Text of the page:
Pubdate: Fri, 15 Sep 2017
Source: St. Thomas Times-Journal (CN ON)
Copyright: 2017 Sun Media
Author: Vicki Gough
Page: 2


Council unanimous in opposition to provincial marijuana plan

It wanted no part of a wind farm imposed on it by Premier Kathleen
Wynne's government against its will.

Now, a Southwestern Ontario municipality wants the Liberal premier to
keep her pot out of its booze store.

Members of the municipal council in Dutton Dunwich, southwest of
London, were emphatic at their latest meeting they don't want legal
marijuana - which the government plans to sell through its Liquor
Control Board of Ontario (LCBO) monopoly - in their liquor and beer
outlet in Dutton.

Coun. Dan McKillop raised the issue "to show that we don't want it
readily available to the young people in our community," he said,
adding: "I'm totally against it."

Mayor Cameron McWilliam, his deputy and councillors Ian Fleck and Mike
Hentz are against the sale of marijuana in the community's liquor
outlet as well.

"I don't want to see it in this municipality at all," Fleck

"I'm opposed to the whole idea of legalized marijuana and everything
that goes with it, so I don't want to see it here in town," Hentz said.

Wynne's Liberals became the first provincial government to roll out
plans for marijuana sales next year, after the federal Liberals
legalize recreational use of the drug, saying pot will be sold in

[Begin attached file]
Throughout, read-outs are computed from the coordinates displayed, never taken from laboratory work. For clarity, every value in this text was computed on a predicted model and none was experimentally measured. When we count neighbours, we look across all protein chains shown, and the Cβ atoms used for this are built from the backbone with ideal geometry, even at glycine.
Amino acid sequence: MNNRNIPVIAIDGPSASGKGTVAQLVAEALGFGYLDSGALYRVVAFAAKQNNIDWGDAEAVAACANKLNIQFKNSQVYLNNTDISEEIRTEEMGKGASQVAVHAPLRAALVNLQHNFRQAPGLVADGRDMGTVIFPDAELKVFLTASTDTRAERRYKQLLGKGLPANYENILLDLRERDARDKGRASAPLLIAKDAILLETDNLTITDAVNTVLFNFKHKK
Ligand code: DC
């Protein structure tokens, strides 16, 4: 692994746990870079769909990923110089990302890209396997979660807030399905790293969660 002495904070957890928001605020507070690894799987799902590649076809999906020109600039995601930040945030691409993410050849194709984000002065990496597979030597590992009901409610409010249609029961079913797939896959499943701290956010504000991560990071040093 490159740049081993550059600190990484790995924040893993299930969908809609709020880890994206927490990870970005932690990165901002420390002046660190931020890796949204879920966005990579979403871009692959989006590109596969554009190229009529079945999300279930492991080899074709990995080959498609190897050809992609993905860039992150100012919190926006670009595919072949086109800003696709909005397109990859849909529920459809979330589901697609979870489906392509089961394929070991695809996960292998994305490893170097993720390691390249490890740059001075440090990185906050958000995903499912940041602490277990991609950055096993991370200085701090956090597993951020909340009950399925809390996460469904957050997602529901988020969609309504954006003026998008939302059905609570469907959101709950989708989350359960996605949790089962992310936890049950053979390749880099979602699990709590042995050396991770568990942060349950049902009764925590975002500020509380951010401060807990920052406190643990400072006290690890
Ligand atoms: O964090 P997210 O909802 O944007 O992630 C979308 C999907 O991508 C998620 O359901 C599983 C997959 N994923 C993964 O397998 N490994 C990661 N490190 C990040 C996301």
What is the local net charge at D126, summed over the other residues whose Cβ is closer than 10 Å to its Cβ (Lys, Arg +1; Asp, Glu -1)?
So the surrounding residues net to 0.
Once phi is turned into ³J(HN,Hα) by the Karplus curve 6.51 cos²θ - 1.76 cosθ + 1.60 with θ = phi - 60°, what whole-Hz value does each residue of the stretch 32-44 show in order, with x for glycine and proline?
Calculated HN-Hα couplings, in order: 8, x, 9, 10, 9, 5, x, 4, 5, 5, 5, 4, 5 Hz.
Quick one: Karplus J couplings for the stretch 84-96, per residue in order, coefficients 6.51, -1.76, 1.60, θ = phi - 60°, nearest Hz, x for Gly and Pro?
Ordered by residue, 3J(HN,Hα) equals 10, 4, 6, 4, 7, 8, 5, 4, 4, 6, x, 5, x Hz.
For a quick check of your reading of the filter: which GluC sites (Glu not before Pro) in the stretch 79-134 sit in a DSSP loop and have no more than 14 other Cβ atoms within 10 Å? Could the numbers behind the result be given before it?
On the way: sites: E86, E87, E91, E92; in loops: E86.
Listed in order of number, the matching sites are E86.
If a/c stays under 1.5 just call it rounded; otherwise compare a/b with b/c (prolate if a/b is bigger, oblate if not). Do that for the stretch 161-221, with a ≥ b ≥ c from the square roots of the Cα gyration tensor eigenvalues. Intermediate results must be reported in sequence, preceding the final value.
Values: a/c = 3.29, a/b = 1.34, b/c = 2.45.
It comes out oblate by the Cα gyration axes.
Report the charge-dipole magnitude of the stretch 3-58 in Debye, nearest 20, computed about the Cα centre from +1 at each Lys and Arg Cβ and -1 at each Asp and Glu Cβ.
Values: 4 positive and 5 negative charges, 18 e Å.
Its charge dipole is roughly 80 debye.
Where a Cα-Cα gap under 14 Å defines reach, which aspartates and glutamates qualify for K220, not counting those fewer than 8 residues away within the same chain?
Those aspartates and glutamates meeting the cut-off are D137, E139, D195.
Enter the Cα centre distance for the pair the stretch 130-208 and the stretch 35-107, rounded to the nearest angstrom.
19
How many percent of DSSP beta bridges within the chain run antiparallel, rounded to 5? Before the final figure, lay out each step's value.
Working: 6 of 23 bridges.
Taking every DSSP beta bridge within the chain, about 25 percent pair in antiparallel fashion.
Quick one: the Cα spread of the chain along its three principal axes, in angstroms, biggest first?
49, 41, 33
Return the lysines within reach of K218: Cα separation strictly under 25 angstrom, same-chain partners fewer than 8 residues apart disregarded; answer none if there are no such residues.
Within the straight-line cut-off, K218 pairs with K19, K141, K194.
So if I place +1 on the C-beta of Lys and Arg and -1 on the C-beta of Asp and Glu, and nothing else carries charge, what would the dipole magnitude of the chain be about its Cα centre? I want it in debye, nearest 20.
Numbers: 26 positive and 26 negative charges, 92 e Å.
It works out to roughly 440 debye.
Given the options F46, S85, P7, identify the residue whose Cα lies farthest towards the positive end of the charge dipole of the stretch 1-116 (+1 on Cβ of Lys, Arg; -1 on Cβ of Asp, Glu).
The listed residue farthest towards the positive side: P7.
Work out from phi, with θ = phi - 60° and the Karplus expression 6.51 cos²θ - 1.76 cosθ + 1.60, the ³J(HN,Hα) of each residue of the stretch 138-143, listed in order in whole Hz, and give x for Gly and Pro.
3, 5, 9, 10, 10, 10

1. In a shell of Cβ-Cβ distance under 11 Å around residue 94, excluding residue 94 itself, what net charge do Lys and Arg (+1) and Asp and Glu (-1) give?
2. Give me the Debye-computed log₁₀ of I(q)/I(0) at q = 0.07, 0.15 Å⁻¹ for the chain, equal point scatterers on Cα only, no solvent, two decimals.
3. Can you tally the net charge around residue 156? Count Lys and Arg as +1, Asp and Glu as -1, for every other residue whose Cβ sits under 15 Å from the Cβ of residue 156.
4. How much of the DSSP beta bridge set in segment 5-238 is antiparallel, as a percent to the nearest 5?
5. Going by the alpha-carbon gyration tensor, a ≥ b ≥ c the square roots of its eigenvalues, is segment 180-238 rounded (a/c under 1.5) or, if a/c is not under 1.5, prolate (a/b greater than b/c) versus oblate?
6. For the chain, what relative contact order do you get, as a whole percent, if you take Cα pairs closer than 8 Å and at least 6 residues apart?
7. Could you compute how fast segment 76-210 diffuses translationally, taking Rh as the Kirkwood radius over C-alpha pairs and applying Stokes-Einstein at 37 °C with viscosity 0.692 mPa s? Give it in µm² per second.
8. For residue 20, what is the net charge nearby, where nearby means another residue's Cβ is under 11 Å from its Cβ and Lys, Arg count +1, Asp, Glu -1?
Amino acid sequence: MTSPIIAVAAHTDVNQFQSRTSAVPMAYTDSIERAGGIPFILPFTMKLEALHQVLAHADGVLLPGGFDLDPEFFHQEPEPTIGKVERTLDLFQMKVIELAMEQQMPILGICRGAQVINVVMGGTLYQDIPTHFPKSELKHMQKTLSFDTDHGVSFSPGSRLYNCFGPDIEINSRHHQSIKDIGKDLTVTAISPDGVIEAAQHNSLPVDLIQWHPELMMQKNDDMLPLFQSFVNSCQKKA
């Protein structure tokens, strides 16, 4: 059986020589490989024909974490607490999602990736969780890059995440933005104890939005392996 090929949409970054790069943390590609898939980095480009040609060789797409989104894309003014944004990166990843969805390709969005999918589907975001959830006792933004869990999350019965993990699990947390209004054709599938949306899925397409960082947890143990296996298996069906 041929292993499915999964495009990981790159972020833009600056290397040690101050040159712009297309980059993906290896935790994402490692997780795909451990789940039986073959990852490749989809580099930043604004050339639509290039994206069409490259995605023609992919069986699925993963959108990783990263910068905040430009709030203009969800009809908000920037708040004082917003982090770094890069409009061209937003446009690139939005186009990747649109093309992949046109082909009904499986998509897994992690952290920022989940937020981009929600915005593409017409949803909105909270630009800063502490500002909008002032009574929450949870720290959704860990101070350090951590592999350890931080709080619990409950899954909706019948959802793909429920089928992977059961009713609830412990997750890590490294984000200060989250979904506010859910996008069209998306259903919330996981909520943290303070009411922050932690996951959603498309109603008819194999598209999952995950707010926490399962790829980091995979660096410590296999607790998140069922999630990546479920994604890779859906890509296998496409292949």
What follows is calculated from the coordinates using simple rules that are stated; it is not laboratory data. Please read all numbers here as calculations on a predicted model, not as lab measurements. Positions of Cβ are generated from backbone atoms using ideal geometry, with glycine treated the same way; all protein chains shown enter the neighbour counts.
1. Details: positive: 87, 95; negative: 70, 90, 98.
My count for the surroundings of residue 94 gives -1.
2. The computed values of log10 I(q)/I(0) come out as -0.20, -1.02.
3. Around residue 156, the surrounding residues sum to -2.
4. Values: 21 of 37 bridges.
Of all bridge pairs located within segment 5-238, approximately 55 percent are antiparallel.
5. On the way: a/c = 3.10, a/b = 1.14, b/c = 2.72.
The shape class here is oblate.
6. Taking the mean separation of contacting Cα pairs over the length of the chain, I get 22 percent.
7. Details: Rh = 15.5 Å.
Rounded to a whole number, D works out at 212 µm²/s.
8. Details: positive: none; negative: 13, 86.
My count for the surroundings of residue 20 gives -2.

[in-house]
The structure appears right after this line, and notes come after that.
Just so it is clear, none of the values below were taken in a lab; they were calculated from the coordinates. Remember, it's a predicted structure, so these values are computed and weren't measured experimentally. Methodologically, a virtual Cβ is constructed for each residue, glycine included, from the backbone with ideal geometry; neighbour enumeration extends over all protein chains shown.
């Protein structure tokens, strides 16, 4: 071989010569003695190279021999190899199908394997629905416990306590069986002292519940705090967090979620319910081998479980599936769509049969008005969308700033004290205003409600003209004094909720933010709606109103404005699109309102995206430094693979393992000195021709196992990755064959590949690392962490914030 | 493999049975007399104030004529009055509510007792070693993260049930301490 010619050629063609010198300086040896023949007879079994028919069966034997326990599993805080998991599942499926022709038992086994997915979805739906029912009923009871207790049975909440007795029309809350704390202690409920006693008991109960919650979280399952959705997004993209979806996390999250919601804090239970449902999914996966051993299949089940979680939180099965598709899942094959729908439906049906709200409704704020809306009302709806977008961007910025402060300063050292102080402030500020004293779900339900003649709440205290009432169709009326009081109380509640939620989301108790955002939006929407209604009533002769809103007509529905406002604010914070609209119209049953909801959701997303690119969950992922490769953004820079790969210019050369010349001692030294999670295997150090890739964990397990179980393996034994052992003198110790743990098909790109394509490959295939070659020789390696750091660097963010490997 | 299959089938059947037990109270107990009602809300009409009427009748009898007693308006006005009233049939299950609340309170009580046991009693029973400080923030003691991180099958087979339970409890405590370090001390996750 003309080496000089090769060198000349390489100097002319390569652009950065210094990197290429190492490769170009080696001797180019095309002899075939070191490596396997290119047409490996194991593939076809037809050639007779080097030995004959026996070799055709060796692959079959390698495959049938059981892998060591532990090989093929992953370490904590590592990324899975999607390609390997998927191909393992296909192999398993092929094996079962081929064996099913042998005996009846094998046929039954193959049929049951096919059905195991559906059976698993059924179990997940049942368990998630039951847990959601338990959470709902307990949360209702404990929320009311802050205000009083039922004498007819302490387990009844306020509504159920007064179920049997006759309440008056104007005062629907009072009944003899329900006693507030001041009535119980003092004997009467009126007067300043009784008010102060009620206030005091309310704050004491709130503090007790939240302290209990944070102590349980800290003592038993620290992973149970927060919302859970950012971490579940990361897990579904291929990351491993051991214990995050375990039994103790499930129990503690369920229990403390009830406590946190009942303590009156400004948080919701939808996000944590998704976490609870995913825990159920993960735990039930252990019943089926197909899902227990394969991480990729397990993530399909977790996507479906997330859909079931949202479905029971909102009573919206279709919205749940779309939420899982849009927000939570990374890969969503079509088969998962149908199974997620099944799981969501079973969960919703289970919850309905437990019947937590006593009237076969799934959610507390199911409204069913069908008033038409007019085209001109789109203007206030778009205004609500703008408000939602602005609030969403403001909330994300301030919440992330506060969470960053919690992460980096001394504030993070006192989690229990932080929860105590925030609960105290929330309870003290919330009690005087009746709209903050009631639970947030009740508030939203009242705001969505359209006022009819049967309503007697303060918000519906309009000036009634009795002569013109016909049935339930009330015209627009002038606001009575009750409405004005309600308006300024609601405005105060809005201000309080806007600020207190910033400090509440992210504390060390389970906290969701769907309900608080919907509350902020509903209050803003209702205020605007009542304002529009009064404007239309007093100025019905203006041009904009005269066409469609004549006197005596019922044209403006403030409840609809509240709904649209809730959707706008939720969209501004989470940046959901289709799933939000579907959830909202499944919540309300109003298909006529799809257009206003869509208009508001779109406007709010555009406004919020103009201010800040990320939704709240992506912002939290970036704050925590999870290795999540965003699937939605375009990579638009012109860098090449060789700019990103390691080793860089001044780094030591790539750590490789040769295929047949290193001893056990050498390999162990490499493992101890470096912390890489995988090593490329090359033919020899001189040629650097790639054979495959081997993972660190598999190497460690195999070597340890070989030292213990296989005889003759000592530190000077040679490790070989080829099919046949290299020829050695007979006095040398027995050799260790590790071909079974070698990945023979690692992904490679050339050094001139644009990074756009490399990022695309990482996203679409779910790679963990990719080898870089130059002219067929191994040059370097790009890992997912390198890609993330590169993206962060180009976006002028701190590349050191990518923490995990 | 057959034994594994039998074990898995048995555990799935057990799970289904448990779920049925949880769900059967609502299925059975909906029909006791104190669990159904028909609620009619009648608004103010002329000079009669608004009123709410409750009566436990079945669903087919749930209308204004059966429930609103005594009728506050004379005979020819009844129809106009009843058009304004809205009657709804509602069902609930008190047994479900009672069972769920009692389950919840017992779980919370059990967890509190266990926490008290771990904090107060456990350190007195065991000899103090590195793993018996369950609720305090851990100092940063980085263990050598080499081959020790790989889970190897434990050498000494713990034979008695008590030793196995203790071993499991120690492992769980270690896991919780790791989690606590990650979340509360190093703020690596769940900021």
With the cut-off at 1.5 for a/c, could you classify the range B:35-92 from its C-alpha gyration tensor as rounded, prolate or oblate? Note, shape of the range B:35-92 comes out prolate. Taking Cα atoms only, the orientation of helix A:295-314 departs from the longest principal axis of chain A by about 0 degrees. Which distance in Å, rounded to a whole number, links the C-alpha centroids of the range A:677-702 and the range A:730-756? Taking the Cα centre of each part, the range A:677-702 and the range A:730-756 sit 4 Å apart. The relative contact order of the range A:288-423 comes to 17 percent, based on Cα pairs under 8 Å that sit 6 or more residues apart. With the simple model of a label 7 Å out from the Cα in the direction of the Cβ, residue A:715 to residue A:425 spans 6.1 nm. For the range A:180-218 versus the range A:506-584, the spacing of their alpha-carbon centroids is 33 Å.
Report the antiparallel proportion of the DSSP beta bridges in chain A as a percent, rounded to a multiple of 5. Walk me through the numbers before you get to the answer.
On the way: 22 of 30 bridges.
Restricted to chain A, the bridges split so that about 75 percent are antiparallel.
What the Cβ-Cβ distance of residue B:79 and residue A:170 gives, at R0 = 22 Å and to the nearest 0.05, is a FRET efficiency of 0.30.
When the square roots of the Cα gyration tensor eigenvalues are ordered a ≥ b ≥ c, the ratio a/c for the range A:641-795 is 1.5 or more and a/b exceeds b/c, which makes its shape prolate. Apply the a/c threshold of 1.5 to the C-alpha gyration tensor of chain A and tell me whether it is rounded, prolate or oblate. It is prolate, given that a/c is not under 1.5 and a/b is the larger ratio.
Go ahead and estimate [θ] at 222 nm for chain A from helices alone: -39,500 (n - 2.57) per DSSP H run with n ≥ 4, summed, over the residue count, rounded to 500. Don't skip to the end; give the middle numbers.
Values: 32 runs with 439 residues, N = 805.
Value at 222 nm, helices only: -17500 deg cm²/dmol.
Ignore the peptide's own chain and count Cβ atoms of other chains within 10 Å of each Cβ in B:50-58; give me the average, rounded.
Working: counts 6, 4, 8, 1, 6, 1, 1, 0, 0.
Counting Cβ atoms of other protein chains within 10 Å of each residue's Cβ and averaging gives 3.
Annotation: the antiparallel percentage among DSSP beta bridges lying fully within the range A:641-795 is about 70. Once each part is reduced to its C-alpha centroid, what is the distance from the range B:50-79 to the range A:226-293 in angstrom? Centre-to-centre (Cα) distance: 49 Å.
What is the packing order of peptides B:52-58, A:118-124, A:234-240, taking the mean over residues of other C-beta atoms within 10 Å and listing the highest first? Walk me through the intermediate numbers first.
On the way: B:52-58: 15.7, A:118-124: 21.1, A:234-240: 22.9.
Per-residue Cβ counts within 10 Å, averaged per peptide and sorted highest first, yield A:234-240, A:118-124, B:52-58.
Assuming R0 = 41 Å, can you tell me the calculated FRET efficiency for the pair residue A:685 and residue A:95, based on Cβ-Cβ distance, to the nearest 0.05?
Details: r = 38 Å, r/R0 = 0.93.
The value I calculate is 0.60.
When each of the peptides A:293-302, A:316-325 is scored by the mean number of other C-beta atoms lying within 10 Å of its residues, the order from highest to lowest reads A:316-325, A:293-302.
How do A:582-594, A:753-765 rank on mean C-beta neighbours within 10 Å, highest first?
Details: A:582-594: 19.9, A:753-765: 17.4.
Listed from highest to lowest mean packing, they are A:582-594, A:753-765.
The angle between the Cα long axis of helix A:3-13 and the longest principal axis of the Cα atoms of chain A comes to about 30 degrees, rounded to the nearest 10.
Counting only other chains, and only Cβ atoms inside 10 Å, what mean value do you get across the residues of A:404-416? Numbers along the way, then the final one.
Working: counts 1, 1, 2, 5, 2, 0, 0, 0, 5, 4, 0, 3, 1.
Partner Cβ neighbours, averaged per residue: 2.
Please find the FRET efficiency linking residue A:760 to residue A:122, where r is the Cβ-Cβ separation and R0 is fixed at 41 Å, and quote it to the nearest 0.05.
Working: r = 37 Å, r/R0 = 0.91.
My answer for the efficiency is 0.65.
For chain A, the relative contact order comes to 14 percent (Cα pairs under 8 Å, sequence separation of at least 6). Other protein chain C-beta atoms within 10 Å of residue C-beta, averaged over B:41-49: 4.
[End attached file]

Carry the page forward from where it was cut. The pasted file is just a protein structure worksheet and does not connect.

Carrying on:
stand-alone LCBO outlets and its sale limited to buyers 19 and older,
the same as for booze and smokes. But McWilliam questioned how much
research has gone into the provincial plan.

"The concern I also have with the announcement from the province is
that it's just too vague," he said, adding the set-up costs to
regulate the sale of legal pot - many municipalities fear they'll be
stuck with policing and zoning enforcement costs, without a cut of the
financial action - remain unclear.

"I just question if there is any benefit - if it's going to cost more
than we get on taxes - what's the point?" McWilliam said.

Council deferred crafting a zoning bylaw to block legal marijuana
sales until its next meeting Sept. 27.

It's not the first time Dutton-Dunwich has crossed swords with the
Liberals over provincial policies the rural municipality dislikes.

A hotly contested wind farm was imposed on the township, despite a
council resolution opposition wind turbine development on local turf
after a municipal survey of residents came back showing overwhelming
opposition to the highrise-size electricity generators.
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